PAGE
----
Why Is the Love of Money “The Root of All Evil”? (1 Timothy 6:10)

Why Is the Love of Money “The Root of All Evil”? (1 Timothy 6:10)

Why Is the Love of Money “The Root of All Evil”? (1 Timothy 6:10)

Have you ever heard the phrase, “money is the root of all evil”?  Perhaps the way it was spoken and applied has led you to bear a weight of condemnation when you need, enjoy, use, and earn money?

Whether or not this is the case, I want to show you what the Scripture here means in regard to money.

Have you ever heard the phrase, “the love of money is the root of all evil”?  Perhaps the way it was spoken and applied has led you to bear a weight of condemnation when you need, enjoy, use, and earn money?

Whether or not this is the case, I want to show you what the Scripture here means in regard to money.

The phrase “the love of money is the root of all evil” is found in 1 Timothy 6:6-12. However, it’s not directly taken from the Scriptures. It’s actually a mis-quotation that drives a lot of people into unscriptural, scarcity-based thinking. Scripture says that the love of money is the root of all kinds of evil, and understanding the full meaning of these words impacts us in more ways than our finances. 

What God's Word Actually Says about Money and Wealth (and loving it)

1 Timothy 6:6-12 actually says:

“Now godliness with contentment is great gain. For we brought nothing into this world, and it is certain we can carry nothing out. And having food and clothing, with these we shall be content.

But those who desire to be rich fall into temptation and a snare, and into many foolish and harmful lusts which drown men in destruction and perdition. For the love of money is a root of all kinds of evil, for which some have strayed from the faith in their greediness, and pierced themselves through with many sorrows.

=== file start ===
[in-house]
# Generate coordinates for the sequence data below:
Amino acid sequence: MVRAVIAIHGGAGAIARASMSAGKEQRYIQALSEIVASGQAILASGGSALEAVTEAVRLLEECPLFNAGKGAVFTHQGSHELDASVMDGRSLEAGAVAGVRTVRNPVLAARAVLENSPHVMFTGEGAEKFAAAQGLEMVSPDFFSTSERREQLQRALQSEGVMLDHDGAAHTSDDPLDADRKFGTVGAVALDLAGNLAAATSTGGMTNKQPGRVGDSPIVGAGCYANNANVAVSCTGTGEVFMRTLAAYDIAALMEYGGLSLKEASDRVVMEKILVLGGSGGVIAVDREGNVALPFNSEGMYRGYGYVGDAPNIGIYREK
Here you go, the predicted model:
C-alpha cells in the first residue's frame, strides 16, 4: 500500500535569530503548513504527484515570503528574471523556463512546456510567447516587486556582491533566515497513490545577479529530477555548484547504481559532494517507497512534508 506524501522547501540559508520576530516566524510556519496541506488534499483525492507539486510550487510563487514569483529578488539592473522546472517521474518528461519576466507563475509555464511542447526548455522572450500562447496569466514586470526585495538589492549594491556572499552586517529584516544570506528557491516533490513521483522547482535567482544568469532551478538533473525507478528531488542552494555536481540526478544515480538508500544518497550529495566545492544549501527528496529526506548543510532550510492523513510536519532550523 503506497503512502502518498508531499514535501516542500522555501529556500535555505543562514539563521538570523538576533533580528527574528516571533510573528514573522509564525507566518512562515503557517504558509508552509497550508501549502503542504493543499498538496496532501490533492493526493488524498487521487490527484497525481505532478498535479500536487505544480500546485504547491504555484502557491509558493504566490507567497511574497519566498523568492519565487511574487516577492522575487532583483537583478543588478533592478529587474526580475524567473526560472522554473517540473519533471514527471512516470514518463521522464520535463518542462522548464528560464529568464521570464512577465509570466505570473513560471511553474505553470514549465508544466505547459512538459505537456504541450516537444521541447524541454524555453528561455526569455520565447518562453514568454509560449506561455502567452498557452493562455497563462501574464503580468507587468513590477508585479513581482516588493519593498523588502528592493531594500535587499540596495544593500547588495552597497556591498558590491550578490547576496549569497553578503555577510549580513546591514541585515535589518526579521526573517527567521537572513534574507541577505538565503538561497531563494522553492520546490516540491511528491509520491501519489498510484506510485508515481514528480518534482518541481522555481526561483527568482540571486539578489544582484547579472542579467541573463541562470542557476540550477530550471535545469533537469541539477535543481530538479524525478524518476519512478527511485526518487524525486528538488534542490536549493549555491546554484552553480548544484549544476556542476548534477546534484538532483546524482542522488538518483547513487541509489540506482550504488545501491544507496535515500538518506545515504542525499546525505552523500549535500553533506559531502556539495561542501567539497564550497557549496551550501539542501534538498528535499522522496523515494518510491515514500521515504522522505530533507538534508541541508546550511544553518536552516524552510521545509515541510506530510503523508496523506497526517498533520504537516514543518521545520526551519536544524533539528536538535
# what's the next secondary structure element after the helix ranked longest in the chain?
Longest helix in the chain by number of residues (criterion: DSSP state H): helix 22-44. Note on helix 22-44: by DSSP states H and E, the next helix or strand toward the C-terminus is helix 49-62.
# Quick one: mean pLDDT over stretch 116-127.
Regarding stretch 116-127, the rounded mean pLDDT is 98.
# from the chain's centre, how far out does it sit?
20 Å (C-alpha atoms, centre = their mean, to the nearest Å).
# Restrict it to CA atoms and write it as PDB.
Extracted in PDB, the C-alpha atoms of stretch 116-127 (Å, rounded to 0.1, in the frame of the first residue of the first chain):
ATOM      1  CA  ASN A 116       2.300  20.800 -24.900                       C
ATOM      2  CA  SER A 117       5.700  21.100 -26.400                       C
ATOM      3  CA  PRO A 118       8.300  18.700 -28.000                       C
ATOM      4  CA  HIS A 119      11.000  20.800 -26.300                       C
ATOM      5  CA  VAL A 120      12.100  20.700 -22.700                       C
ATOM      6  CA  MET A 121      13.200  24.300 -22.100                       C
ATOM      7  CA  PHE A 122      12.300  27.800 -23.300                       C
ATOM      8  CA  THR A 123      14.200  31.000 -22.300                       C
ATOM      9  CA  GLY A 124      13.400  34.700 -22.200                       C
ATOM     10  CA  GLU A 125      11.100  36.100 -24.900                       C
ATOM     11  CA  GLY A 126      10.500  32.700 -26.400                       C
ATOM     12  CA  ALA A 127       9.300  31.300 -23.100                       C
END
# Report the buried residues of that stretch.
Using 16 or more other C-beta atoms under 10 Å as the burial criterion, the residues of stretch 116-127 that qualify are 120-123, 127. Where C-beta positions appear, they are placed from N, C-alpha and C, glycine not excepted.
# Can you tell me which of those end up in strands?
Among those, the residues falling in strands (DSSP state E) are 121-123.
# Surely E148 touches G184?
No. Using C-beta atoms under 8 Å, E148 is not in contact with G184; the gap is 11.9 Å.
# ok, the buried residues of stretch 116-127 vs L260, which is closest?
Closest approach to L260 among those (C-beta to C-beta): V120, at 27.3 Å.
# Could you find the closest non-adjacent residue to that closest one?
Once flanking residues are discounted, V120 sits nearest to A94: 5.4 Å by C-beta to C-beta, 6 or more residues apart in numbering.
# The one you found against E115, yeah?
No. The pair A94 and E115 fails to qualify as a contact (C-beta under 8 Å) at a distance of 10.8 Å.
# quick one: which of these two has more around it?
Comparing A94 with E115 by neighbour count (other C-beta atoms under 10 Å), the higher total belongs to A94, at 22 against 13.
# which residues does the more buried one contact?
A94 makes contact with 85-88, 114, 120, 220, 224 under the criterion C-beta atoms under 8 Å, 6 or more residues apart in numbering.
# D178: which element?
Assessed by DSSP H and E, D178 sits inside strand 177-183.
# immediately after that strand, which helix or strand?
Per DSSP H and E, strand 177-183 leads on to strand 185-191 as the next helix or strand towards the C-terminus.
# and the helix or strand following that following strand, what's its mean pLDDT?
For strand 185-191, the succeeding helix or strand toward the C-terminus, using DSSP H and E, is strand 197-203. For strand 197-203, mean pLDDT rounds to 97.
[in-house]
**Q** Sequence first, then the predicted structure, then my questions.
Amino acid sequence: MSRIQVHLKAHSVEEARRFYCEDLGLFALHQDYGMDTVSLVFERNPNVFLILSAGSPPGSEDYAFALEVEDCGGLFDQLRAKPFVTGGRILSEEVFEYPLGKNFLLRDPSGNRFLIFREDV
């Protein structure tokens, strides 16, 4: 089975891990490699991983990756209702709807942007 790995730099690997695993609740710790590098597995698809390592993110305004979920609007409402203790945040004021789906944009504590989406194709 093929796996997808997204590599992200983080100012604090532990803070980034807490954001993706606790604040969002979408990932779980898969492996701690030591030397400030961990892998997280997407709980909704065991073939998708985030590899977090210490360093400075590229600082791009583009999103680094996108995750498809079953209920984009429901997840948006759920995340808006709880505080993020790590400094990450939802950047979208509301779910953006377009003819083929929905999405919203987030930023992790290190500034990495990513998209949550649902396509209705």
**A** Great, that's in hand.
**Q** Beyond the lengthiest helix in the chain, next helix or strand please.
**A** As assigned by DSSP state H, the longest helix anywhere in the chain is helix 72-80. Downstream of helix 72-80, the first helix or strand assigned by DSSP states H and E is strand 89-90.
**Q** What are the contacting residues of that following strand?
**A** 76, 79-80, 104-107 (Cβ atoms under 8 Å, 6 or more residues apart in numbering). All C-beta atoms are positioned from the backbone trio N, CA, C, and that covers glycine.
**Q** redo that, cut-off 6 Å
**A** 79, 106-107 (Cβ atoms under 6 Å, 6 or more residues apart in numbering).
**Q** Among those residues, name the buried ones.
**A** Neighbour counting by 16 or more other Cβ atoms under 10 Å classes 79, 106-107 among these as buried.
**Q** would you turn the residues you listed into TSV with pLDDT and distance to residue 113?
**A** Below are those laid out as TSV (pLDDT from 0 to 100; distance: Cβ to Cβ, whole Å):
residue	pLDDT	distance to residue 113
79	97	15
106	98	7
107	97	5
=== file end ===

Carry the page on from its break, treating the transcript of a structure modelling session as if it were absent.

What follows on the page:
But you, O man of God, flee these things and pursue righteousness, godliness, faith, love, patience, gentleness. Fight the good fight of faith, lay hold of eternal life, to which you were also called and have confessed the good confession in the presence of many witnesses.”

Notice two things about this passage:

1. The Bible does not say that money is the root of all evil, but talks about “the love of money.”

This is a key difference because the whole passage—when you read it in context—is addressing the state of our hearts:

  • What we desire,
  • What we pursue,
  • What we live for, and
  • Whether our hearts are set on things above, where Christ is, or on material things of this earth.

In this passage, the apostle Paul tells us to desire God and all the things of God. He instructs us to pursue holy things with great passion, rather than setting our hearts and affections on wealth and riches.

This doesn’t mean that we shouldn’t have money, earn money, save and invest money, enjoy exchanging money for what we need or desire, or otherwise become involved in financial things…

… But it does mean that we cannot be emotionally attached to money.

2. The apostle Paul warned us about the real danger of “love of money.”

How many movies you have ever seen in which the villain was trying to steal or control power and money? If you are a fan of the big screen, you may actually have seen dozens or even hundreds of such storylines. You may not have realized what you were watching, but Hollywood is wrapped up with the desires of the flesh, the lust of the eyes, and the pride of life—concisely, the lust for power and money.

That quest for power and money doesn’t always feel real to Christians. At some level, each of us is trying to live for God, so we don’t realize how serious the world’s addiction to money really is. However, for people who don’t know Jesus, the lust for power and money is immense.

This is why the Lord used the apostle Paul to warn us in 1 Timothy 6 to resist the love of money.

We are to love the Lord our God with all our hearts, with all our souls, and with all our strength. We are to love our neighbors as ourselves. We are to seek and desire the face of Jesus—along with all the godly and holy things He instructs us to do and pursue.